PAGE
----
*Sabre & World* - This game is a straight out Sword and Planet game, like the John Carter Barsoom series by Burroughs. you can play either a single Earth Human transported to this new world with the rest of the PCs being of this world, a group of Earth Humans transported there together, or a group of people from this world. You can play Earth Humans, Humans from this other world, or a Centauroid people. The world is generated, though there is a play area pregenerated for you if you prefer. You can expand it or generate other areas later. The mechanics are very different. Emotional ties to other characters give you big benefits, and weapons do only one point of damage per hit. Damage is assigned directly to your attributes, via status boxes. These changes completely change the feel of combat. The world you go to is a world which used to have high technology, but now very few people undertand it, and the high tech is mostly rare and old. This all embraces the Sword and Planet style tropes, and tends to produce that kind of game. If you like Sword and Planet stories, or are intrigued by the idea, this is what you want.
Friday, May 26, 2017
Rogue Worlds are frequently settled by the empire to maximize chronotic crystal production. Norns prefer these lightless places. but they are not the only settlers of rogue worlds.
Rogue worlds are divided into warm and cold worlds. Most Non-Norns prefer warm. Agriculture is possible on warm rogue worlds if settlers have local artificial light or if harvesting aphotic life forms. Artificial light interferes with Dark Matter and Dark Energy collection in chronotic crystals, thus is not allowed where such crystals are grown.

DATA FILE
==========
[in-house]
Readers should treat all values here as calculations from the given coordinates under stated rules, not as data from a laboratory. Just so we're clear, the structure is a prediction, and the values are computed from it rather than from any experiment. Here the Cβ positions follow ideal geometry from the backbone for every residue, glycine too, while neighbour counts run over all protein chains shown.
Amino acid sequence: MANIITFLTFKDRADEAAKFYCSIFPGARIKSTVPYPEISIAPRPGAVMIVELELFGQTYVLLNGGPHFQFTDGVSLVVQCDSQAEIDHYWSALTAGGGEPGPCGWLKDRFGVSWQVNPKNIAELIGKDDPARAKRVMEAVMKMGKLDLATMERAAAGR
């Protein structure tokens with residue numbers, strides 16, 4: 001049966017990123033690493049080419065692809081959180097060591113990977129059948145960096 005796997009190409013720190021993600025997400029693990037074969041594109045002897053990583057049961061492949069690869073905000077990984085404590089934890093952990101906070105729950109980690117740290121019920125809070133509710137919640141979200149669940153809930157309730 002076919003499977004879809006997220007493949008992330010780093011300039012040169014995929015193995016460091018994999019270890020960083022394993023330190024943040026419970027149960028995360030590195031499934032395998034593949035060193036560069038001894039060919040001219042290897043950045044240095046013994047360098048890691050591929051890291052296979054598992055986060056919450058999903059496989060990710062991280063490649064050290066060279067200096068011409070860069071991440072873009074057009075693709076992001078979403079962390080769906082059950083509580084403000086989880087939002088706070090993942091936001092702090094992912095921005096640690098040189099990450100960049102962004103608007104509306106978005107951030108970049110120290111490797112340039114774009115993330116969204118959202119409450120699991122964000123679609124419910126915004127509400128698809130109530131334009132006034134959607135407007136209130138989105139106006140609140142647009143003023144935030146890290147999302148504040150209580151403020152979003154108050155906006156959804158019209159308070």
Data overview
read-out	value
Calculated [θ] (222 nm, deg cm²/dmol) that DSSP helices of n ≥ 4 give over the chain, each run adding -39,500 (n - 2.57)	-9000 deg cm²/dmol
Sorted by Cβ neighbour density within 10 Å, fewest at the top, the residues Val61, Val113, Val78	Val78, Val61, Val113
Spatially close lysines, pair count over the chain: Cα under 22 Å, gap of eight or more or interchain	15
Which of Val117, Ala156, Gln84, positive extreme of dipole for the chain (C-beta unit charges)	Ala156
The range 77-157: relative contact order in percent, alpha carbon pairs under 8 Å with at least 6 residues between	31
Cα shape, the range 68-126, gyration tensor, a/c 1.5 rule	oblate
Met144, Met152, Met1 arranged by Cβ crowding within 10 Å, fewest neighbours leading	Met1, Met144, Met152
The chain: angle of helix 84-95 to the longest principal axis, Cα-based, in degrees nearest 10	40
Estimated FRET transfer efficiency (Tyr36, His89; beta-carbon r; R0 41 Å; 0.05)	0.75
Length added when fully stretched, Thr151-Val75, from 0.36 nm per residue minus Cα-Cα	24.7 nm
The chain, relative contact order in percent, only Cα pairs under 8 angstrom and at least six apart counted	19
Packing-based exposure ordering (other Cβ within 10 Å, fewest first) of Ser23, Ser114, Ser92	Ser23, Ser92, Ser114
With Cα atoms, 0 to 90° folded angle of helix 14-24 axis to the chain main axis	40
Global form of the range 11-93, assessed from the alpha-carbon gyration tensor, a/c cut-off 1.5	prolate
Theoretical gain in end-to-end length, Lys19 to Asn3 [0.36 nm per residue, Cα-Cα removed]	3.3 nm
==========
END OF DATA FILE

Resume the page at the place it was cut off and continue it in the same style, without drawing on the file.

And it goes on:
Cold rogue worlds use protected, enclosed areas for food production. Norns prefer aphotic-based diets, as the lack of light does not bother them, and they need to maintain a certain level of warmth anyway for their own bodies. Chemosynthesis-based organics can feed large numbers of dependent biotics, though Norns prefer to harvest primary producers and treat the biomass for various tastes.
Ultimately, natural life on rogue worlds depends on either radiant heat from hot gas giant primaries, or geothermal heat - either residual or tidally-induced. Parahumanity can, of course, create artificially supported life areas based on fusion energy, though fission energy can also be used where practical.
Important Words: Parahuman - of or dealing with all human offshoot species. Combinatory forms - Parahumanity, Parahumanic. Short form - Paran.
Chronotic - of or pertaining to the manipulation of time. Combinatory forms - Chronotics.
Aphotic - of or pertaining to the absence of light. Combinatory forms - Aphotism, Aphotics, Aphotal.
Tuesday, May 23, 2017
Each character belongs to at least one Club or Lodge. The character learns one of this initial Club/Lodge's two available skills for free. Characters may join other Clubs and Lodges, but joining costs Template points equal to the ordinal of that Club - i.e. one's second Club or Lodge costs 2 points to join, while one's third club costs 3 points to join. In any case, when a character joins a Club or Lodge, the character learns one of that Club/Lodge's two available skills. One can never join a Club or Lodge whose skills include one of the character's Guild skills, Primary. Secondary, or Tertiary.